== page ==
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Re: Possible *third* proposal for ISSUE-41 Distributed Extensibility

From: Sam Ruby <rubys@intertwingly.net>
Date: Mon, 22 Mar 2010 09:20:13 -0400
Message-ID: <4BA76E8D.1030109@intertwingly.net>
To: Henri Sivonen <hsivonen@iki.fi>
CC: HTMLwg WG <public-html@w3.org>
On 03/22/2010 07:35 AM, Henri Sivonen wrote:
> On Mar 19, 2010, at 14:34, Sam Ruby wrote:
>> On 03/18/2010 11:12 PM, Tab Atkins Jr. wrote:
>>> On Thu, Mar 18, 2010 at 3:17 PM, Ennals,
>>> Robert<robert.ennals@intel.com>   wrote:
>>>> Comments?
>>>> If it seems that people might like this then Iíll write it up
>>>> formally.
>>> Not a fan.  *Anything* that uses an XML Namespaces-like mechanism
>>> for embedding new elements is a bad idea, imo, because the
>>> fallback story (necessary to activate an experimental feature in
>>> multiple browsers, and to transition from experimental to
>>> standardized versions) is so horrible.  Maciej argued that it may
>>> be worse than not doing it at all, and just using the public name
>>> from the start.
>>> This is simply unusable as a way to allow browsers to add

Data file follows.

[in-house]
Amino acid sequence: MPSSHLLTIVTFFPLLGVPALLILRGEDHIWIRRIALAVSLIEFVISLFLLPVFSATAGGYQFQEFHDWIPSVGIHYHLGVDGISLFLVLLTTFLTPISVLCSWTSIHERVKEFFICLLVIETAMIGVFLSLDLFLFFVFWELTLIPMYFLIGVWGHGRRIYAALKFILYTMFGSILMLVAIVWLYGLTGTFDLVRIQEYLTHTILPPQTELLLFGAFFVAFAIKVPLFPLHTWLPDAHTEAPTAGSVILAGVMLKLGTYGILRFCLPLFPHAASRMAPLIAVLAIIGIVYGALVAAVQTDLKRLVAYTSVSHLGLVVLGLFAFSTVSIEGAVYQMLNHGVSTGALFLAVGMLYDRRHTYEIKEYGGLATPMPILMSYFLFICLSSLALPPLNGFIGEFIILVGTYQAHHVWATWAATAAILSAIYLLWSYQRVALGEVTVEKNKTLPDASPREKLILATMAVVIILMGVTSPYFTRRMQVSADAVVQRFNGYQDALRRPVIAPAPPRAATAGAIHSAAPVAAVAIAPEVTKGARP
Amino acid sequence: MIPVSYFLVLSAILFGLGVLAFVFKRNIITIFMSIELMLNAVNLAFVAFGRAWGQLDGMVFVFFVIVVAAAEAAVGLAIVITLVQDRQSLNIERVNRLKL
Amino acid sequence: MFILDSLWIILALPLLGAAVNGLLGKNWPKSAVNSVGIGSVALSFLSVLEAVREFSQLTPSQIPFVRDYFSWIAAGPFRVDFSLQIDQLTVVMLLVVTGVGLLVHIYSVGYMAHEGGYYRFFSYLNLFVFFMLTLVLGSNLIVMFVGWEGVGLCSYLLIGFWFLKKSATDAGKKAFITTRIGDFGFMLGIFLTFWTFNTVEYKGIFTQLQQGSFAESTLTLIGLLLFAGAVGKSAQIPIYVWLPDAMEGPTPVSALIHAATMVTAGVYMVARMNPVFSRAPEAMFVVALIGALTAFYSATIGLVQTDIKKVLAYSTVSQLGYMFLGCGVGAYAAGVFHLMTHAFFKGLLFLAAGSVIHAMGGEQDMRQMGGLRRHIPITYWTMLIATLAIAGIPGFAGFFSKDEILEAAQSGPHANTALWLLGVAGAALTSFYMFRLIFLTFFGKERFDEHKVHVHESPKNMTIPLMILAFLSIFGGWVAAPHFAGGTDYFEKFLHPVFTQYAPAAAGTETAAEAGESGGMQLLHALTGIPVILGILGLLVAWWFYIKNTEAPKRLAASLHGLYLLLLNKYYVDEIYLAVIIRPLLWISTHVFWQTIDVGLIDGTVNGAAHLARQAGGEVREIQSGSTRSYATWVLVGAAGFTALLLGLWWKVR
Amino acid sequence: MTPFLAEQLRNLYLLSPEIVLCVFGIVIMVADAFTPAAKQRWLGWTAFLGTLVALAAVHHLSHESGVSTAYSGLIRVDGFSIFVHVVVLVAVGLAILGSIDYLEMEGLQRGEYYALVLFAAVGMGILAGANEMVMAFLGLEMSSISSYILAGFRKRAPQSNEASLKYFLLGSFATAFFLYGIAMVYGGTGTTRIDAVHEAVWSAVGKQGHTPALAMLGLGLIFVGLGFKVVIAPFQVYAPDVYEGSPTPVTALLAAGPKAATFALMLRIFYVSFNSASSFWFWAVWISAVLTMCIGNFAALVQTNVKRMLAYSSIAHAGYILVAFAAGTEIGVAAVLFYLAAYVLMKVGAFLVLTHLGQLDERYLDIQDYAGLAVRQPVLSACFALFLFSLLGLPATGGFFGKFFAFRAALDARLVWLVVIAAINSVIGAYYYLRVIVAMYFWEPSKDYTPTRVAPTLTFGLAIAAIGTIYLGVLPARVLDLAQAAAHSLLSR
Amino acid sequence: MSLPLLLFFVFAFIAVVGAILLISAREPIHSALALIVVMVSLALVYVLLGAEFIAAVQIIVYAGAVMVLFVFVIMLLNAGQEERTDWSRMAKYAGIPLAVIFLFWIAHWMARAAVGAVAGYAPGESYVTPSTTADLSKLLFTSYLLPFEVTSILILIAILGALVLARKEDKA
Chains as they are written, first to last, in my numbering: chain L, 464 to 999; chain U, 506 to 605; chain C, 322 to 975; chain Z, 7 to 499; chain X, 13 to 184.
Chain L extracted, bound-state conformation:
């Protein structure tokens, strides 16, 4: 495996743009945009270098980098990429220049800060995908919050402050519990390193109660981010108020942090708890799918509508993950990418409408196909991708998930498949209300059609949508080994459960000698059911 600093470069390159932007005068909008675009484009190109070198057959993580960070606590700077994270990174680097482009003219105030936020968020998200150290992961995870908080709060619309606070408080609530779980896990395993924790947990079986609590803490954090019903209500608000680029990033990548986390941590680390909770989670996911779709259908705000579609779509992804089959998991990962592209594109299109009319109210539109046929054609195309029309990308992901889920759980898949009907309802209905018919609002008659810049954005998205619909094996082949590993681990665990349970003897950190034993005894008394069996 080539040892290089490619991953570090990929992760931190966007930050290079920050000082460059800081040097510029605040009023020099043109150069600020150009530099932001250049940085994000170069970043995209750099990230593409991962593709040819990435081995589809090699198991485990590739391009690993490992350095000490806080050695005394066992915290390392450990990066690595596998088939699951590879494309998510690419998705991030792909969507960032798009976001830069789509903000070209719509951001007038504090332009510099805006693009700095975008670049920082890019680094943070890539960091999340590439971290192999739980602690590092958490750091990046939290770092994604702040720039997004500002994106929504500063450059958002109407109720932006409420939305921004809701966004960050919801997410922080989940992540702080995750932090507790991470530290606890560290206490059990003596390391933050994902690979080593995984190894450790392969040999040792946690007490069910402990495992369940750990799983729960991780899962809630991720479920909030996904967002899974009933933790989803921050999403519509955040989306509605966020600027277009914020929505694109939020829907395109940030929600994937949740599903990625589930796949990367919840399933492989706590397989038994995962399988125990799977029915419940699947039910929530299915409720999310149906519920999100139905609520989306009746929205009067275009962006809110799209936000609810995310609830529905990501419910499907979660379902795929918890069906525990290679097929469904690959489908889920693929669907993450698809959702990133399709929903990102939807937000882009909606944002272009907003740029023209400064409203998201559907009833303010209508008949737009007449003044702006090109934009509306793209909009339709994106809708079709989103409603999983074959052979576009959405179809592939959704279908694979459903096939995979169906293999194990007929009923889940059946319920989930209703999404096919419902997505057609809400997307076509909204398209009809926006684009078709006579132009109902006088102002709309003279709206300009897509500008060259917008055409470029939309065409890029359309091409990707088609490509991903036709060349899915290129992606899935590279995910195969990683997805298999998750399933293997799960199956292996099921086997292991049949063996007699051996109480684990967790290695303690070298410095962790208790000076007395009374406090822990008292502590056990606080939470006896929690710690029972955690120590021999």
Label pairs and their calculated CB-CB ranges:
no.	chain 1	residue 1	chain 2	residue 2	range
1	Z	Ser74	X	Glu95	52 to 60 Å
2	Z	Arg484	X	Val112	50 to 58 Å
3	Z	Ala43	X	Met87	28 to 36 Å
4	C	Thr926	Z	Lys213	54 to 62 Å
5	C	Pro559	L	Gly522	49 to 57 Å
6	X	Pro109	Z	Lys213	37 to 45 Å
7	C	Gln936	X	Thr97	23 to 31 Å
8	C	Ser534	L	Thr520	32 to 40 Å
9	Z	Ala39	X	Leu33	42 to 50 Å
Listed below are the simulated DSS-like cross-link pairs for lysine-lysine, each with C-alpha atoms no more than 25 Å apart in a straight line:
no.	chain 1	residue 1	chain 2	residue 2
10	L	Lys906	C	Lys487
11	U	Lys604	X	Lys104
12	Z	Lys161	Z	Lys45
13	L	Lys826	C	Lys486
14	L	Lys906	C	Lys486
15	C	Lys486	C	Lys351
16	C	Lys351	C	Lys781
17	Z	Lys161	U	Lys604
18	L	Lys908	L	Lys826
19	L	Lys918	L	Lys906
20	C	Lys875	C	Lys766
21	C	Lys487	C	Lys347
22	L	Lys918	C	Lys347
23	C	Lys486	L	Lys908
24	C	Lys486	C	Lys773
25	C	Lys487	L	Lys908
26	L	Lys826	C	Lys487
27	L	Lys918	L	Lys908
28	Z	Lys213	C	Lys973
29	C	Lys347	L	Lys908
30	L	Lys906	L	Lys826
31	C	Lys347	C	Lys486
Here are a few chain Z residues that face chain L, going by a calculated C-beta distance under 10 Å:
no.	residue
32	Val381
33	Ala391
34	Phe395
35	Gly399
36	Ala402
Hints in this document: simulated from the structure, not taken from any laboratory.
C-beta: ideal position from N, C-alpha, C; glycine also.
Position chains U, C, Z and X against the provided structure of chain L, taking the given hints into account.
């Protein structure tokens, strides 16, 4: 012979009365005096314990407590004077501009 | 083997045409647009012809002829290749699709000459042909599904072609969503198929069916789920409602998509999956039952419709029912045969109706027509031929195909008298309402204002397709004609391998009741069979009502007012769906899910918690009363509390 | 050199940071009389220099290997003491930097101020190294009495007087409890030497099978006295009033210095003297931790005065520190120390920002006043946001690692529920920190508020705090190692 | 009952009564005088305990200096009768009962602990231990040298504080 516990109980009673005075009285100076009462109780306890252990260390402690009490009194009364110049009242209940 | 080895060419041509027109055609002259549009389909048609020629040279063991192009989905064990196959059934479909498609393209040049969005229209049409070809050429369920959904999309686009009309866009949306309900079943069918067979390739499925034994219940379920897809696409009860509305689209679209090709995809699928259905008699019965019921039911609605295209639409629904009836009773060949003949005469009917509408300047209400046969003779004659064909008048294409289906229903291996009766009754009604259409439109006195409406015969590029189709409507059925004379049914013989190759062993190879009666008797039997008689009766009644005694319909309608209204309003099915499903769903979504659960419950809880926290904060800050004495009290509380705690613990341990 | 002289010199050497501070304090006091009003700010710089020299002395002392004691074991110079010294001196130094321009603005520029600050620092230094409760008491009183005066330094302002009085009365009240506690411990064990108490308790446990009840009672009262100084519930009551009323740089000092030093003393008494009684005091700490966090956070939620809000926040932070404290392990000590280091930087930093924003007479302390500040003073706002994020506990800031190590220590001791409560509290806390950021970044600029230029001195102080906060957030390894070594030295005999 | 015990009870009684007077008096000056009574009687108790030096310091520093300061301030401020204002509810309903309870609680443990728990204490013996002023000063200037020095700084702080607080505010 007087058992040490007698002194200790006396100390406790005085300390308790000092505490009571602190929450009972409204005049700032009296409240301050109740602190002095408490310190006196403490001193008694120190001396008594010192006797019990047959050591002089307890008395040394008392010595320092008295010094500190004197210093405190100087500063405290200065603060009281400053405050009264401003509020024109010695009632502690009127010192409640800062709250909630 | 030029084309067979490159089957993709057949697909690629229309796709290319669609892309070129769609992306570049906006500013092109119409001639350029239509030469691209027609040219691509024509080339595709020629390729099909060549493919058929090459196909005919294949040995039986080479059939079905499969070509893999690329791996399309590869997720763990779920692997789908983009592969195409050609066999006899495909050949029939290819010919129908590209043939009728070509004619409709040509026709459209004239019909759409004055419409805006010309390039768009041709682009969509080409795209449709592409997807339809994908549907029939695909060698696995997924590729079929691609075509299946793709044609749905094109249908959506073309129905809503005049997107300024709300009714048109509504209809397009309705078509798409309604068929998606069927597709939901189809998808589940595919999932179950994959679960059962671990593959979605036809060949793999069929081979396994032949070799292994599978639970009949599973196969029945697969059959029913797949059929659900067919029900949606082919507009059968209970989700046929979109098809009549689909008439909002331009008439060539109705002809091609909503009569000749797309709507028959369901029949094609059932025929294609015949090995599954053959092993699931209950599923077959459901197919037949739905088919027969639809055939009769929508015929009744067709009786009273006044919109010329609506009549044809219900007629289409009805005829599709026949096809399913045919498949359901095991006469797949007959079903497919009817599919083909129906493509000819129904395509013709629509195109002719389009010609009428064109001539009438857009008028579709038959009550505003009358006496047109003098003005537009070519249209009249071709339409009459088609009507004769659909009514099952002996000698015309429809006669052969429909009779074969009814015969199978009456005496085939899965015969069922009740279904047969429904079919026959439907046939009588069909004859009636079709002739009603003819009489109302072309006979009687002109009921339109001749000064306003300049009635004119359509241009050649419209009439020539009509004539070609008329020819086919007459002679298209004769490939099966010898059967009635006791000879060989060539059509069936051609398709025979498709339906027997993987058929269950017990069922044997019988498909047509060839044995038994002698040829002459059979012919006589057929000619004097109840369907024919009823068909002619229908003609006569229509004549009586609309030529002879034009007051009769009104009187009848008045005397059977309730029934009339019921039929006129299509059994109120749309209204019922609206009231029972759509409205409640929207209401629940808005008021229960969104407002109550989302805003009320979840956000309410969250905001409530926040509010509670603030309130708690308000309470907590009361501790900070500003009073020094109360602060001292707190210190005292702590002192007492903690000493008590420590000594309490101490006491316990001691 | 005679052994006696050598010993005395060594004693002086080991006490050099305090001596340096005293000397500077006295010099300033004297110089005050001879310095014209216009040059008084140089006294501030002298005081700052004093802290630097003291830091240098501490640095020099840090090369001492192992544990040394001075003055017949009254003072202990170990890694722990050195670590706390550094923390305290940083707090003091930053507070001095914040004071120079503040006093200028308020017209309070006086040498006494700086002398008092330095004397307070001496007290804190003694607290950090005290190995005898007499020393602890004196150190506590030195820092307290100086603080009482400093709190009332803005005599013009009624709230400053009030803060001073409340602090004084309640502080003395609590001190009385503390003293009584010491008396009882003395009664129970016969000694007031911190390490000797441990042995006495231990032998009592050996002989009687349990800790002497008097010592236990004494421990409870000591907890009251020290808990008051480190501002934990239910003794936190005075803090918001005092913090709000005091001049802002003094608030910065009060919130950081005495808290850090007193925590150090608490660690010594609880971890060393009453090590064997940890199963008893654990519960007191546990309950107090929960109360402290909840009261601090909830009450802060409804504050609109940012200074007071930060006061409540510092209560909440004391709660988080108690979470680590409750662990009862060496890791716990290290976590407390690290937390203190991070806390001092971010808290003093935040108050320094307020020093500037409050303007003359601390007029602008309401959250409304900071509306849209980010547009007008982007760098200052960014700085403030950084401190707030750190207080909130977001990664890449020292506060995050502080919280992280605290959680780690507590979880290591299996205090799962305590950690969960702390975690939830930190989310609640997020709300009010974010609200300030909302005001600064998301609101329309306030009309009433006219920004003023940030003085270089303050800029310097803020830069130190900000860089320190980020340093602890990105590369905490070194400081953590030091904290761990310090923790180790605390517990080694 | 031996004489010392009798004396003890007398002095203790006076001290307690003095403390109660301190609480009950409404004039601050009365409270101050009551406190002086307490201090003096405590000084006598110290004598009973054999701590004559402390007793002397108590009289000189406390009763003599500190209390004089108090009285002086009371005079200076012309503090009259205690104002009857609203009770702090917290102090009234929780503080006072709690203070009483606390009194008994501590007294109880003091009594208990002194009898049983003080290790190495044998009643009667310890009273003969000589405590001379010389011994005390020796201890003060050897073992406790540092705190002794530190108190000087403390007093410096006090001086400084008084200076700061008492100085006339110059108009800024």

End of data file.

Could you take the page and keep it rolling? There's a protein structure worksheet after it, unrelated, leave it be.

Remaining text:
>>> experimental features without clashing with each other and future
>>> standardized versions of the feature.
>> [co-chair hat off]
>> I don't believe that this proposal should be used by browsers to
>> add experimental features.
> Do you believe that D.E. should be used by parties other than
> browsers themselves to add experimental features to browsers (e.g.
> via Firefox extensions that observe what happens in Web content)?

Two answers to your question: no, I don't think that's the primary use 
case, and as to that particular use case: it should be discouraged, 
guided, but not outright outlawed.

Longer answer on the second part: "parties other than browsers" is not a 
well defined set, and the guidelines for such parties should not be 
materially different than the guidelines for browsers.

The use case shouldn't be outright outlawed: SVG and MathML kinda mostly 
worked that way.  Here's another example that /might/ be able to work:


These cases exist, but are rare.  And generally take a lot of care. 
There are a few common patterns for such usage that should be explored: 
a container element, default namespaces, avoiding (mostly) existing 
element names.

But as I said, that's rare, and not the primary use case (though I 
understand the importance of probing the edge cases in discussions such 
as these).  As to the first question, longer answer here:


- Sam Ruby
Received on Monday, 22 March 2010 13:21:00 UTC

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